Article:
Not every Paladin is fated to become a legendary and divine hero.

Instead, some become corrupted and give in to a ravaging darkness and hatred inside of them. Abandoning the Oath that once guided them, the Paladin becomes an Oathbreaker.

Today we are shunning the light and peering into the darkness…

This is the full subclass guide to the Oathbreaker Paladin in D&D 5e!

What is the Oathbreaker Paladin in D&D 5e?

The Oathbreaker Paladin is a Paladin subclass hidden away in the 5e Dungeon Masters Guide. While it is more intended for a villain NPC, it can still be played with your DM’s permission.

Interestingly, the Oathbreaker is one of the only (possibly THE only) subclasses that have an extra requirement to take it. Specifically, a character must be of evil alignment to take the Oathbreaker Paladin subclass.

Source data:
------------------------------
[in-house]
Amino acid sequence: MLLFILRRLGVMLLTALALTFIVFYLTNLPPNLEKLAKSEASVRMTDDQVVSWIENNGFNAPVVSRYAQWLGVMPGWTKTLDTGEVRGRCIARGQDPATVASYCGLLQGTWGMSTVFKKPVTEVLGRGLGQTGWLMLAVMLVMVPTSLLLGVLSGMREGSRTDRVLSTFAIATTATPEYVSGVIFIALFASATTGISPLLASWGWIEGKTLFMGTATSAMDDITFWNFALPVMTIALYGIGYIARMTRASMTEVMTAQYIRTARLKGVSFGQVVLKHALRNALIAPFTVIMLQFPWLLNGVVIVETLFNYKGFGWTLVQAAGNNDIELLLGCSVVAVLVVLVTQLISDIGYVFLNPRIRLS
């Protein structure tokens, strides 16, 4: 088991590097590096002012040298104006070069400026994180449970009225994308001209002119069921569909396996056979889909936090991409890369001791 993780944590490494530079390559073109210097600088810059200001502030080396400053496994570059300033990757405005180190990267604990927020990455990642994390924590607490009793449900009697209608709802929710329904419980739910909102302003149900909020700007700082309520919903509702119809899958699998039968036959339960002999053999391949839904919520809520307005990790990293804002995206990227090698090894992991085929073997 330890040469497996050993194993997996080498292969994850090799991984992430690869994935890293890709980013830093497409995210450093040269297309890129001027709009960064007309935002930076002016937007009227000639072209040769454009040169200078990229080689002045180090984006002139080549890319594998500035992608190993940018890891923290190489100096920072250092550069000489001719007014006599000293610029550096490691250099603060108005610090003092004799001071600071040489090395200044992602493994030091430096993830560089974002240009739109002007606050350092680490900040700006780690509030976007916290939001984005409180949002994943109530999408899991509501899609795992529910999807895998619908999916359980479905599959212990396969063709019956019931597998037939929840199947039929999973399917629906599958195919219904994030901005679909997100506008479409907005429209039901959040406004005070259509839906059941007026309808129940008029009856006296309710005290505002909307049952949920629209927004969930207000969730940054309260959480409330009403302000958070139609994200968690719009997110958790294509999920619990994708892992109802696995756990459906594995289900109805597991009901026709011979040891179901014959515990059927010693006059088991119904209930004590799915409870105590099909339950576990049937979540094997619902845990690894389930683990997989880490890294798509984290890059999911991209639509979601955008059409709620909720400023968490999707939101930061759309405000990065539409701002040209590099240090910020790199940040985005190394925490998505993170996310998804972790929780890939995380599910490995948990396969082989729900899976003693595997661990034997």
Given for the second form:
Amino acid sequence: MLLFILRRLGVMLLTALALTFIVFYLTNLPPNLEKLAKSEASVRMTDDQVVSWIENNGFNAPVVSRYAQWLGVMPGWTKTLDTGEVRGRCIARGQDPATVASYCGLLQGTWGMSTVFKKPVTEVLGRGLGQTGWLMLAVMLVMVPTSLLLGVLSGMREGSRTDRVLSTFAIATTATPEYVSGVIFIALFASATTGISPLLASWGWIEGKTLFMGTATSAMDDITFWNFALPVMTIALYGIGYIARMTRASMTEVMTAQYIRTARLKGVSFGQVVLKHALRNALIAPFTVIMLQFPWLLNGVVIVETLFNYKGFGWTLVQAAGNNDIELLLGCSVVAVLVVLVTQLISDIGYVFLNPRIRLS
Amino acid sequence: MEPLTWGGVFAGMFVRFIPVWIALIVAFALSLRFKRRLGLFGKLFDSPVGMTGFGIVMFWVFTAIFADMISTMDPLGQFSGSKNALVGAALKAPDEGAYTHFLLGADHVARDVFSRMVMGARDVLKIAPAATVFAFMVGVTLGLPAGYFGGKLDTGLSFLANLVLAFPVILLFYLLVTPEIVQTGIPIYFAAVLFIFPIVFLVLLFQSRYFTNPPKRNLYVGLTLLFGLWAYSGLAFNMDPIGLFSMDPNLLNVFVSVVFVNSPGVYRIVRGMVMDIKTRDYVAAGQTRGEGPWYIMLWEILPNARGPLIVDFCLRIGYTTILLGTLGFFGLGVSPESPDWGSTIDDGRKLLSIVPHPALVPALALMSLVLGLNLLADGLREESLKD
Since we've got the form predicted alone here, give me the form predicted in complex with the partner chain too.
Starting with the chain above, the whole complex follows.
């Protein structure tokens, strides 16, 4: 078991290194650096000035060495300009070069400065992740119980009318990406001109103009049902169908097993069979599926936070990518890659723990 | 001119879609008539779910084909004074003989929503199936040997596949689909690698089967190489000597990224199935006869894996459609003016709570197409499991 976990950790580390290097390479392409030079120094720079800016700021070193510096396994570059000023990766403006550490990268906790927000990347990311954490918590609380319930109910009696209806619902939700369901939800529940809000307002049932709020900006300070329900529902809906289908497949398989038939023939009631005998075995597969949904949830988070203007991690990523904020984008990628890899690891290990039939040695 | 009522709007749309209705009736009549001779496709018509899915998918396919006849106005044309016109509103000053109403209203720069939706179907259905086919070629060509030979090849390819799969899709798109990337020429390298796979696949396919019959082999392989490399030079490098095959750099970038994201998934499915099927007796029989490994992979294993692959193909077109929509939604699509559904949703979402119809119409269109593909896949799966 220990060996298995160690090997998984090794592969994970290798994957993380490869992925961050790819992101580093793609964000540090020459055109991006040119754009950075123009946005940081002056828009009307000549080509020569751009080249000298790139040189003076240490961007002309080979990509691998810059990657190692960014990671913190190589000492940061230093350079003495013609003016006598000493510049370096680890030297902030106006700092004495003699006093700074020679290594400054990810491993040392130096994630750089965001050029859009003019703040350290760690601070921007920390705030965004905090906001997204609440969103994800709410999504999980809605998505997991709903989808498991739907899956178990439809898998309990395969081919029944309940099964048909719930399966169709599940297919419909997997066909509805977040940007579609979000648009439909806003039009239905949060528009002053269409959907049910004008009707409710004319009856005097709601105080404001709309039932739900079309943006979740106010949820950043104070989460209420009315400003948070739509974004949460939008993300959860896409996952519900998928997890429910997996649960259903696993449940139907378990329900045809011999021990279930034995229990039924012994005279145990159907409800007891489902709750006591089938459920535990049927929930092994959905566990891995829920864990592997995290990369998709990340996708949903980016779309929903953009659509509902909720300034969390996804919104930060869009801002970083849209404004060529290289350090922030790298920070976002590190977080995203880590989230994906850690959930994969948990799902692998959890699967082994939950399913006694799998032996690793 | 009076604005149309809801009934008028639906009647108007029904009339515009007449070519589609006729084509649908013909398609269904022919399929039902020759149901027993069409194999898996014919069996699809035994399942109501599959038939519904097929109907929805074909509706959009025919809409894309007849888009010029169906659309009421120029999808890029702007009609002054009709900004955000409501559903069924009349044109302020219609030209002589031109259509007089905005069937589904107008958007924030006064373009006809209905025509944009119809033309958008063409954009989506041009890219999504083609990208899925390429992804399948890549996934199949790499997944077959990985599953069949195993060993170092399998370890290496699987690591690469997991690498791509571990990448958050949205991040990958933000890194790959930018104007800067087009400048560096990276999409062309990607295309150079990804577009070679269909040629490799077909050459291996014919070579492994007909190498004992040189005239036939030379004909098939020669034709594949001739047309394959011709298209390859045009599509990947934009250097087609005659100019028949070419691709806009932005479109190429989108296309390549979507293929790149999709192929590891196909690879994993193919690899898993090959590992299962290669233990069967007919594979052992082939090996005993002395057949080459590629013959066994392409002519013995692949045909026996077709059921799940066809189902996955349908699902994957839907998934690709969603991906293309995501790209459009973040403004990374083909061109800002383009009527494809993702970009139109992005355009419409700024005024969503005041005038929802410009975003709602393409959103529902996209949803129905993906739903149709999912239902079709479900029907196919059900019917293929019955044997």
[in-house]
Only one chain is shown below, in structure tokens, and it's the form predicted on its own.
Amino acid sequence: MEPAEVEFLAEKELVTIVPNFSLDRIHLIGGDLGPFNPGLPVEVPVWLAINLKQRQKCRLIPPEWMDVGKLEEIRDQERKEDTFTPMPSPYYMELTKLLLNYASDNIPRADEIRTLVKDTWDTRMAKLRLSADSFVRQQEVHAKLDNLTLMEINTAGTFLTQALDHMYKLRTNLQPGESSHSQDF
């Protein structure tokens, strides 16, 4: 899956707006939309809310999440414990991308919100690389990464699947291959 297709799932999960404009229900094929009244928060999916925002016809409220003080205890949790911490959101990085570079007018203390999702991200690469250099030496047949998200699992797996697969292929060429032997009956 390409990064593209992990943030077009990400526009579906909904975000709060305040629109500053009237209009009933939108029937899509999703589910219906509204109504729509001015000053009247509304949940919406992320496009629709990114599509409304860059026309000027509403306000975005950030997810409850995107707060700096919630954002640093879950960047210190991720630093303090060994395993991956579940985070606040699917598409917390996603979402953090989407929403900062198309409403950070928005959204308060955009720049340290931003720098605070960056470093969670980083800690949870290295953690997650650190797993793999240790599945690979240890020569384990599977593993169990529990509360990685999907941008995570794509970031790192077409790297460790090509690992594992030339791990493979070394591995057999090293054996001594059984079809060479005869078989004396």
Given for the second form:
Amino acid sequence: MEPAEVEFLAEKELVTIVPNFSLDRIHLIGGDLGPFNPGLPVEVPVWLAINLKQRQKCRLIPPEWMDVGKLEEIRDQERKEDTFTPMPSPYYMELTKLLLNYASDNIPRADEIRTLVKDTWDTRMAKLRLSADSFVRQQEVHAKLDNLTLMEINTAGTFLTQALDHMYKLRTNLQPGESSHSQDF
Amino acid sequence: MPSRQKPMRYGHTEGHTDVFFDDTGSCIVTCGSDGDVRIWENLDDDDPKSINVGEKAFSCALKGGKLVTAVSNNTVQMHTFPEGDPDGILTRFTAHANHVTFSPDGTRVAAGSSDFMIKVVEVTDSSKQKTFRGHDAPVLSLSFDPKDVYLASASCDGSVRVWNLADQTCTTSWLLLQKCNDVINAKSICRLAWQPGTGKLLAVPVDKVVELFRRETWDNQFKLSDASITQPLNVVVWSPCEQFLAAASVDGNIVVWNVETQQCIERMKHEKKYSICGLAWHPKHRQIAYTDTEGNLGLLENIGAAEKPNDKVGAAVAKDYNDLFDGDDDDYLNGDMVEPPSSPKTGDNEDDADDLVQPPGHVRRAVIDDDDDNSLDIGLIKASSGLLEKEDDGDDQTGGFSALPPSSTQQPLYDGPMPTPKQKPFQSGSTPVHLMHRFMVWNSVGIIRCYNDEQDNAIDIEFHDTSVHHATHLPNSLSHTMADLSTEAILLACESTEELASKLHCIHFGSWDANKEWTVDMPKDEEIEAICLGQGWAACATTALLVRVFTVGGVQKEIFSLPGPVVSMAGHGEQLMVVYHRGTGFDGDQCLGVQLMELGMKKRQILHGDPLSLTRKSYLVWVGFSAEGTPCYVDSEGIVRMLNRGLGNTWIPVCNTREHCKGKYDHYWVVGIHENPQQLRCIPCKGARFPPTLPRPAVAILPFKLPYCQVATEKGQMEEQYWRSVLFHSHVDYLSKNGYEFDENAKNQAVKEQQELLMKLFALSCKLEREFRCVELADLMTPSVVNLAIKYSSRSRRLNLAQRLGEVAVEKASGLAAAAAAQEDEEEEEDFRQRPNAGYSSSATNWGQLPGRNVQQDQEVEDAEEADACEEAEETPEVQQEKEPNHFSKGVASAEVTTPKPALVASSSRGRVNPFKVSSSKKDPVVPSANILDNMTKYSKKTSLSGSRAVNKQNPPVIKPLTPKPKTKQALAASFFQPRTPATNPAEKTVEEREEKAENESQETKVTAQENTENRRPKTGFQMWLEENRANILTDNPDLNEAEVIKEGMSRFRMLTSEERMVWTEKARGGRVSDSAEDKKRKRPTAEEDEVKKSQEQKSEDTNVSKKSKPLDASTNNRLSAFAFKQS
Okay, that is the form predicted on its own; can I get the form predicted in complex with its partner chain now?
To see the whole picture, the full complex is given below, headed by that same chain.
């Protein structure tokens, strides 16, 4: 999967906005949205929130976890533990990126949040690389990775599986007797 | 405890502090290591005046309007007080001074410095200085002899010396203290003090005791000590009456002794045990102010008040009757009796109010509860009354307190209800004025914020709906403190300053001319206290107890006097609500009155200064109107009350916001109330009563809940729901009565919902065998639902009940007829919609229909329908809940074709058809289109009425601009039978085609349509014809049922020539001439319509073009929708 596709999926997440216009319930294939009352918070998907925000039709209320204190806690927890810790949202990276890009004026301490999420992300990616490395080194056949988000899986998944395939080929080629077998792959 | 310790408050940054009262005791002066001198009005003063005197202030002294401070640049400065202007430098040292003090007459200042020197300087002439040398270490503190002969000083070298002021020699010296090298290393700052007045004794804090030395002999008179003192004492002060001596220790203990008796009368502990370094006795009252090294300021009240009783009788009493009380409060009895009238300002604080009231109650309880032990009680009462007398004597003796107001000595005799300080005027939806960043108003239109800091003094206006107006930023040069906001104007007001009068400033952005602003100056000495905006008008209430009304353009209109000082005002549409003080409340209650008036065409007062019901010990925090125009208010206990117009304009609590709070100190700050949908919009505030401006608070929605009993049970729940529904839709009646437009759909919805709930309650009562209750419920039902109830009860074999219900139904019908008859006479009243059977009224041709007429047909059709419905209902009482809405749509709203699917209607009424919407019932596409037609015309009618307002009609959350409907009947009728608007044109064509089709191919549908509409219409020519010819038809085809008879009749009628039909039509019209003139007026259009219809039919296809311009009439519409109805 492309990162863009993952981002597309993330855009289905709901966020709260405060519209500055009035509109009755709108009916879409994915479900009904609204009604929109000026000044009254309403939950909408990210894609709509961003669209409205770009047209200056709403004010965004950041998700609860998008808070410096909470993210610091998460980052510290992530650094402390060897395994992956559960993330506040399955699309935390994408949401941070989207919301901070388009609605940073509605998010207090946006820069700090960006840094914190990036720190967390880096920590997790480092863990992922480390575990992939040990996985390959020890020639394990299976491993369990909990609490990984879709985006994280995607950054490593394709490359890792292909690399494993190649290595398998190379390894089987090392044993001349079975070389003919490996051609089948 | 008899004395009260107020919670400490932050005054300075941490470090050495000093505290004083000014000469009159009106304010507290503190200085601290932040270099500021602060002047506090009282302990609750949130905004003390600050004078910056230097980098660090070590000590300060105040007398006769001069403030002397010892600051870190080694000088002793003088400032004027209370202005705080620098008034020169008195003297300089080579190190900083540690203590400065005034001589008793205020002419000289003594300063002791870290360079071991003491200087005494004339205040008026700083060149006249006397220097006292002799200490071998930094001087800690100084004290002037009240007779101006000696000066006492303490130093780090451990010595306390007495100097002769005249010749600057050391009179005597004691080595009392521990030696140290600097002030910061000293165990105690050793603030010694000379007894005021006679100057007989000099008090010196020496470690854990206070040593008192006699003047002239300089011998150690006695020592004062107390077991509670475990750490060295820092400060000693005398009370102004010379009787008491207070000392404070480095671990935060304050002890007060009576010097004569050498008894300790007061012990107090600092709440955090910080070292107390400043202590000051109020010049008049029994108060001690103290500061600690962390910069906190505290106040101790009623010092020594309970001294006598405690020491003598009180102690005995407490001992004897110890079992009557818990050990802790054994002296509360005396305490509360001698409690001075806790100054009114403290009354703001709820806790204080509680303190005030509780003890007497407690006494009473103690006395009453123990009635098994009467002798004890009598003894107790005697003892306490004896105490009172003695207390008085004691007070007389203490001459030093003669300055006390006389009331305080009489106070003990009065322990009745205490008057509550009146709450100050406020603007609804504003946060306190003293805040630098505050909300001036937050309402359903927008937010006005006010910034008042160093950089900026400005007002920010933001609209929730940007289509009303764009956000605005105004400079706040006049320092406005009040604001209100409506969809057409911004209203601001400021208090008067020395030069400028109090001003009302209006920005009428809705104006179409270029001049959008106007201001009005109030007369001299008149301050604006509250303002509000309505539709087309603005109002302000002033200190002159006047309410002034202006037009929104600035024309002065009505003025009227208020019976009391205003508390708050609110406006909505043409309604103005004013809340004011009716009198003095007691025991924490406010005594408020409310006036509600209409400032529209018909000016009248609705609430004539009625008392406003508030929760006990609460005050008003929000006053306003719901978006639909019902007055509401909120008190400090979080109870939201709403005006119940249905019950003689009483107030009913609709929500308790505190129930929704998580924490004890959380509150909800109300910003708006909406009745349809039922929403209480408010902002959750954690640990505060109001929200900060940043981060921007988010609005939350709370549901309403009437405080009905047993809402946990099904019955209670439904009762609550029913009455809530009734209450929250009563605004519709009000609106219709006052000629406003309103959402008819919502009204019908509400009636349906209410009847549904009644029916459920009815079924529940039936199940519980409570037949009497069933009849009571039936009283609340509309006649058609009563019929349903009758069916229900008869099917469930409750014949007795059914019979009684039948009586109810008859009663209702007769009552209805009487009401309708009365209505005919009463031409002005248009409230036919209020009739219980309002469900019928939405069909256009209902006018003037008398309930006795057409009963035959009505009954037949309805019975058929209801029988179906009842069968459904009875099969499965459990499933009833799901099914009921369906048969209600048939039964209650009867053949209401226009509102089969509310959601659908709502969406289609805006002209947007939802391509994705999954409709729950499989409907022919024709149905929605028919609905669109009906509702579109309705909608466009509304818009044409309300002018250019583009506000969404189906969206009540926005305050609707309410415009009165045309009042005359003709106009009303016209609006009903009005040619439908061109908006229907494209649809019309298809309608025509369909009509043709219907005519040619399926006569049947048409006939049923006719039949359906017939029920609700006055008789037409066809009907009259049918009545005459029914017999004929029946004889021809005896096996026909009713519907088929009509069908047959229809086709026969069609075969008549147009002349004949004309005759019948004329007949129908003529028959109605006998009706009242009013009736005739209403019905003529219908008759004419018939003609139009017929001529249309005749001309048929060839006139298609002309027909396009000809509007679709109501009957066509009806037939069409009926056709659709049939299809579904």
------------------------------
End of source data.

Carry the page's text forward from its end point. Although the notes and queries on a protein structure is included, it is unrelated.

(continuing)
There’s a big focus on necrotic damage and the undead with this subclass. But considering that this is the anti-Paladin, that’s probably expected!

Breaking Your Oath

Paladins are a very powerful class and the tenets of the Oaths that they swear are taken very seriously. Should a Paladin consistently fail to uphold these tenets and ignore warnings regarding their behavior, the Divine source of their power might be cut off.

Until the Paladin sufficiently atones, they won’t have use of Paladin features like Divine Smite, Lay on Hands, or the spells from the Paladin Spell List in addition to those features granted by their subclass.

Needless to say, this puts the Paladin in a bit of a bind.

It’s at this point that the Paladin has a choice to make. They can spend the time and effort attempting to regain the favor of their Deity and renew their Oath or they can take a shortcut…